Buy-to-let Landlords

How to be a good landlord

October 21, 2021
Information published was correct at the time of writing

Protecting your investment, yourself and your tenants

There’s far more to being a landlord than simply owning a property. Whether you’re an experienced landlord who has been managing a portfolio of properties for many years or a new landlord, understanding your legal obligations as a landlord will help you to protect your investment, yourself, and your tenants. The primary role of the landlord is to provide accommodation that is of a decent standard and ‘fit for purpose’. It is the landlord’s responsibility to ensure the safety of their property and to keep it well maintained. This applies to the whole structural part of the property as well as interior fittings, furnishings, and appliances. It is also the role of the landlord to make sure that the tenant is aware of their duties and responsibilities and to help address any issues they may have before and during a tenancy.

A tenancy agreement is a legal requirement for Assured Shorthold Tenancies. It’s also the best way to make your expectations of your tenants clear from the outset and let them know what they can expect from you in return. A clear and comprehensive Assured Shorthold Tenancy Agreement helps to avoid misunderstandings about who is responsible for what.

To help everyone avoid misunderstandings, take an accurate inventory. If you have noted the precise condition of the building and its contents, and taken photographs, at the beginning of the tenancy, it will be very clear what has changed at the end and whether any damage is the fault of the current tenants.

Another legal requirement is that you protect your tenants’ deposits and provide them with the details of the protection scheme you have used. If, at the end of the tenancy, there is any dispute over the deposit, the deposit protection scheme will give a determination to resolve it.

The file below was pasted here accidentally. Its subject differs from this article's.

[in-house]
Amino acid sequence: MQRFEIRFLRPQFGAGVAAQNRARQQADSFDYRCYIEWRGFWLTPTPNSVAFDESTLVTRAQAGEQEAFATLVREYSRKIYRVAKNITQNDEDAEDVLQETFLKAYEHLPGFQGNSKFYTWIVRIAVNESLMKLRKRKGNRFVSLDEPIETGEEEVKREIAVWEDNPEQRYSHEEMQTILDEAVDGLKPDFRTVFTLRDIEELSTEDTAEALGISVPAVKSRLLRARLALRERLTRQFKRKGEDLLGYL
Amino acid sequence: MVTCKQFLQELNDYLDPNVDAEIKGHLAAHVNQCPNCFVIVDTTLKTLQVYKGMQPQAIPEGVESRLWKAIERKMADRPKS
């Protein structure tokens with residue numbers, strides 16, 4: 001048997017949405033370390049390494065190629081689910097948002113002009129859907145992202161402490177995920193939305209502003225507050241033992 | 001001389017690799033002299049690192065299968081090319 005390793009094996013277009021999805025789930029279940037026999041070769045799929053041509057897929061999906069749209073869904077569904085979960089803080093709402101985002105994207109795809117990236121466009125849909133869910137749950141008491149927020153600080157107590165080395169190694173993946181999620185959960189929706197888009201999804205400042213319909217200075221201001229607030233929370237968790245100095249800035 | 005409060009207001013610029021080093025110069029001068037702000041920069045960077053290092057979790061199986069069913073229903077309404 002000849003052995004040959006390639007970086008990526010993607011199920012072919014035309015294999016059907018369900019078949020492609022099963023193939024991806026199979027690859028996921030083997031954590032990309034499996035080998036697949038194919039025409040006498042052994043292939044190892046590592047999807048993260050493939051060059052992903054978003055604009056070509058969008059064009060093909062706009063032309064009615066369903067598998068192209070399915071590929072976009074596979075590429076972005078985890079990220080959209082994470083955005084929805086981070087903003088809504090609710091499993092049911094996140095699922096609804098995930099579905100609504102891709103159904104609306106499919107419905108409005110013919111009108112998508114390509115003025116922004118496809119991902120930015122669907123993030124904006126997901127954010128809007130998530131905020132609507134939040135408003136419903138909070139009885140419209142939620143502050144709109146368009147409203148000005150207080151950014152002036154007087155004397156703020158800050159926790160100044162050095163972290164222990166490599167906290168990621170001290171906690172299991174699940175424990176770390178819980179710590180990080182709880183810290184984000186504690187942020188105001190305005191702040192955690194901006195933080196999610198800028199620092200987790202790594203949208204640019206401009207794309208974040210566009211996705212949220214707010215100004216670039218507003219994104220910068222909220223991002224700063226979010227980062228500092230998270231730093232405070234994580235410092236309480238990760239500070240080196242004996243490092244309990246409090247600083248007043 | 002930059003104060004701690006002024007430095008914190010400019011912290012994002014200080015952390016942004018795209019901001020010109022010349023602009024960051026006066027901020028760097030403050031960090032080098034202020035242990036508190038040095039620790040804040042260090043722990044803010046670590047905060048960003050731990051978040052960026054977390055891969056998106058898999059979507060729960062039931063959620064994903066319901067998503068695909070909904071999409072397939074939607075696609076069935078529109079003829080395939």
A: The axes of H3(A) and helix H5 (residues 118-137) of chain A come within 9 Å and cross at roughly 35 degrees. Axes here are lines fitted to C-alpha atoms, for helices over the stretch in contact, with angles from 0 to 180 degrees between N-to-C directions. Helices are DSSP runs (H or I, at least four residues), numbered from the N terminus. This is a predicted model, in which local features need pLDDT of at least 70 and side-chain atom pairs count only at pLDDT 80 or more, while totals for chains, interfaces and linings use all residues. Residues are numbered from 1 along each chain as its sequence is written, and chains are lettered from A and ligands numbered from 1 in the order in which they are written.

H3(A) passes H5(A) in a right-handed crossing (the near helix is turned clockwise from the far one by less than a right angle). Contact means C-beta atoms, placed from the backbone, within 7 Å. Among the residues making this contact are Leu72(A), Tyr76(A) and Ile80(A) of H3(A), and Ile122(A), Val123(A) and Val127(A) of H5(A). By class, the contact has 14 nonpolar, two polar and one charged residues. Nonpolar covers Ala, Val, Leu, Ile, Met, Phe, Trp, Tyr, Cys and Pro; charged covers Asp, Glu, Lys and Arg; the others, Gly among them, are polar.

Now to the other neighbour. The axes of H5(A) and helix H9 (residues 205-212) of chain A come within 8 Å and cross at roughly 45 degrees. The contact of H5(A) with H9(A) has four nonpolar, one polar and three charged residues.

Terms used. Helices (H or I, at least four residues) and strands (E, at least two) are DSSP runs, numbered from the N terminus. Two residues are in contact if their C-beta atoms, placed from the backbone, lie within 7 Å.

There are various government guidelines to keep up with regarding the safety of your property, and some of them vary for different property types or geographical regions, so it is your responsibility to stay informed. For example, you’ll need an annual gas safety check, regular smoke alarm and carbon monoxide alarm inspections, and appliance testing.

If you’re managing the property yourself, rather than through a letting agent, it’s crucial that your tenants can reach you easily and quickly to report problems. If you need to take time off for any reason and will be uncontactable, you’ll need to provide your tenants with an alternative point of contact for that period.

If your tenants report a problem, you’ll need to resolve it promptly to keep them happy. You might need a list of professionals, such as plumbers and electricians, whom you can rely on to respond at short notice.

All tenants have different needs from you, so you might need to adapt to suit them. Your new tenants might want some furniture to be removed from the property when the old tenants have left. Some tenants might need to change the rent payment date to suit their income cycle. You can’t be expected to accommodate every request, but if it is reasonable and doesn’t create difficulties for you, your willingness to adapt will likely be appreciated.

Landlord insurance is crucial to protect you from financial loss in case of missed rent payments or damage to your property. Sometimes things go wrong, even for the best landlords, and the peace of mind of protection may be worth far more than the cost of the insurance.

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